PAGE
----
Congenital Heart Defects: Prostaglandins and Prostaglandin Inhibitors

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Topic Overview

Normally, a blood vessel needed only for fetal blood circulation (called the ductus arteriosus) closes off at birth. As the fetus develops, this blood vessel is kept open by a substance in the fetus's body called prostaglandin. At birth, prostaglandin decreases and the blood vessel closes.

In some premature infants, this blood vessel does not close. This is a condition called a patent (open) ductus arteriosus. These infants are given a prostaglandin inhibitor. It's a medicine to help the blood vessel close.

When an infant has certain other congenital heart defects, a medicine that is a form of prostaglandin is often given by vein to keep the ductus arteriosus open. Keeping this blood vessel open allows the blood to keep moving until the defect can be fixed to allow normal blood flow. This may require surgery or another procedure.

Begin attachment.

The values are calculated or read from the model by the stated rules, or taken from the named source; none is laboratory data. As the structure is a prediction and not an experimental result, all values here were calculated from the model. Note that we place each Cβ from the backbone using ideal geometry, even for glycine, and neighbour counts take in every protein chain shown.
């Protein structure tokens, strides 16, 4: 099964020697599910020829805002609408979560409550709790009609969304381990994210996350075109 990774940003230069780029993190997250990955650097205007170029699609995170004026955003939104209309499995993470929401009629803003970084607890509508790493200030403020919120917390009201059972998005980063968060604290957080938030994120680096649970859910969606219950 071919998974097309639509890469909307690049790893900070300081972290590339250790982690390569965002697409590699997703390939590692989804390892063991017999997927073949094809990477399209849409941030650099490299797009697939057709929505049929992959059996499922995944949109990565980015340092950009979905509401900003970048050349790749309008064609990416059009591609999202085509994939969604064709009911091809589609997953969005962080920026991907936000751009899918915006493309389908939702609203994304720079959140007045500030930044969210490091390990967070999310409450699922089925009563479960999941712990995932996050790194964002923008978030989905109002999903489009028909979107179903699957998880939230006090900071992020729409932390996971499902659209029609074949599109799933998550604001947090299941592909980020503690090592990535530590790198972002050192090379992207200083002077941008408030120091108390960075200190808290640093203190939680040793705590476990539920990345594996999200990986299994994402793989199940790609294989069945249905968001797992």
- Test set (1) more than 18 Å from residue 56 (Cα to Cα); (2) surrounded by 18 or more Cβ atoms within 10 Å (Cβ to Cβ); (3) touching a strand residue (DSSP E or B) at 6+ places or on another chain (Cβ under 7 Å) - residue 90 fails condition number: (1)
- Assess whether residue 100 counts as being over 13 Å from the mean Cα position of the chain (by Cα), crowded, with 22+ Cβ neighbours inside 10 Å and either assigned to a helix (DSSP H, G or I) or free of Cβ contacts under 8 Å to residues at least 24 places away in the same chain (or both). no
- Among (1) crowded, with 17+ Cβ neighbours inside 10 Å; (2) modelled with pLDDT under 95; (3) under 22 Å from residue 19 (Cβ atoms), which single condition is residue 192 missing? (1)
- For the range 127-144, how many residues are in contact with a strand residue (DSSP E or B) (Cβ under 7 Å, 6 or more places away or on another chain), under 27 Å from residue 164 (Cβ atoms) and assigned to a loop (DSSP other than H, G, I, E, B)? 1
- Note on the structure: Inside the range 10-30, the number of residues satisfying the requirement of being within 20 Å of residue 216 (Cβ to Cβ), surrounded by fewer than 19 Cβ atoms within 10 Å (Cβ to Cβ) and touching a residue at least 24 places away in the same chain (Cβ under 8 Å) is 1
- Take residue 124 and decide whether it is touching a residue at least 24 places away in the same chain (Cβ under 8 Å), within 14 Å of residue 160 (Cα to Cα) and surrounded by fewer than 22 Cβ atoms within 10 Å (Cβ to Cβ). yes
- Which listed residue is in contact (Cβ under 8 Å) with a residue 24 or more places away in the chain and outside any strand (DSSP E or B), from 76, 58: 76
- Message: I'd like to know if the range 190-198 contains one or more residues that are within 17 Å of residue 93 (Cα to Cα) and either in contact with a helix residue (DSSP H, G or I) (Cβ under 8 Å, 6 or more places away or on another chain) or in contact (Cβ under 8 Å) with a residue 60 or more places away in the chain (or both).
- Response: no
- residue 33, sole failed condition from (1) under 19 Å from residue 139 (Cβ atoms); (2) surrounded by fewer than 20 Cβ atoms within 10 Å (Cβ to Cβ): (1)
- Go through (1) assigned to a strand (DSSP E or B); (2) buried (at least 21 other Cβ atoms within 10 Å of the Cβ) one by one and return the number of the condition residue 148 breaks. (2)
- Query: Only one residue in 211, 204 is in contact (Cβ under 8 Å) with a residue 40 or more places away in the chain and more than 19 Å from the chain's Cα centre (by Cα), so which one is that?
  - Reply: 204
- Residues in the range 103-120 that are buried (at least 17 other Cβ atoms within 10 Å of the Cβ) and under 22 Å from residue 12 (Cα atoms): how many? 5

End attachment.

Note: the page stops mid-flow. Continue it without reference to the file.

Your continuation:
Congenital Heart Defects: Prostaglandins and Prostaglandin InhibitorsSkip to the navigation

Congenital Heart Defects: Prostaglandins and Prostaglandin InhibitorsSkip to the navigation

Credits

ByHealthwise Staff
Primary Medical Reviewer John Pope, MD - Pediatrics
Specialist Medical Reviewer Larry A. Latson, MD - Pediatric Cardiology

Current as ofFebruary 20, 2015

Current as of: February 20, 2015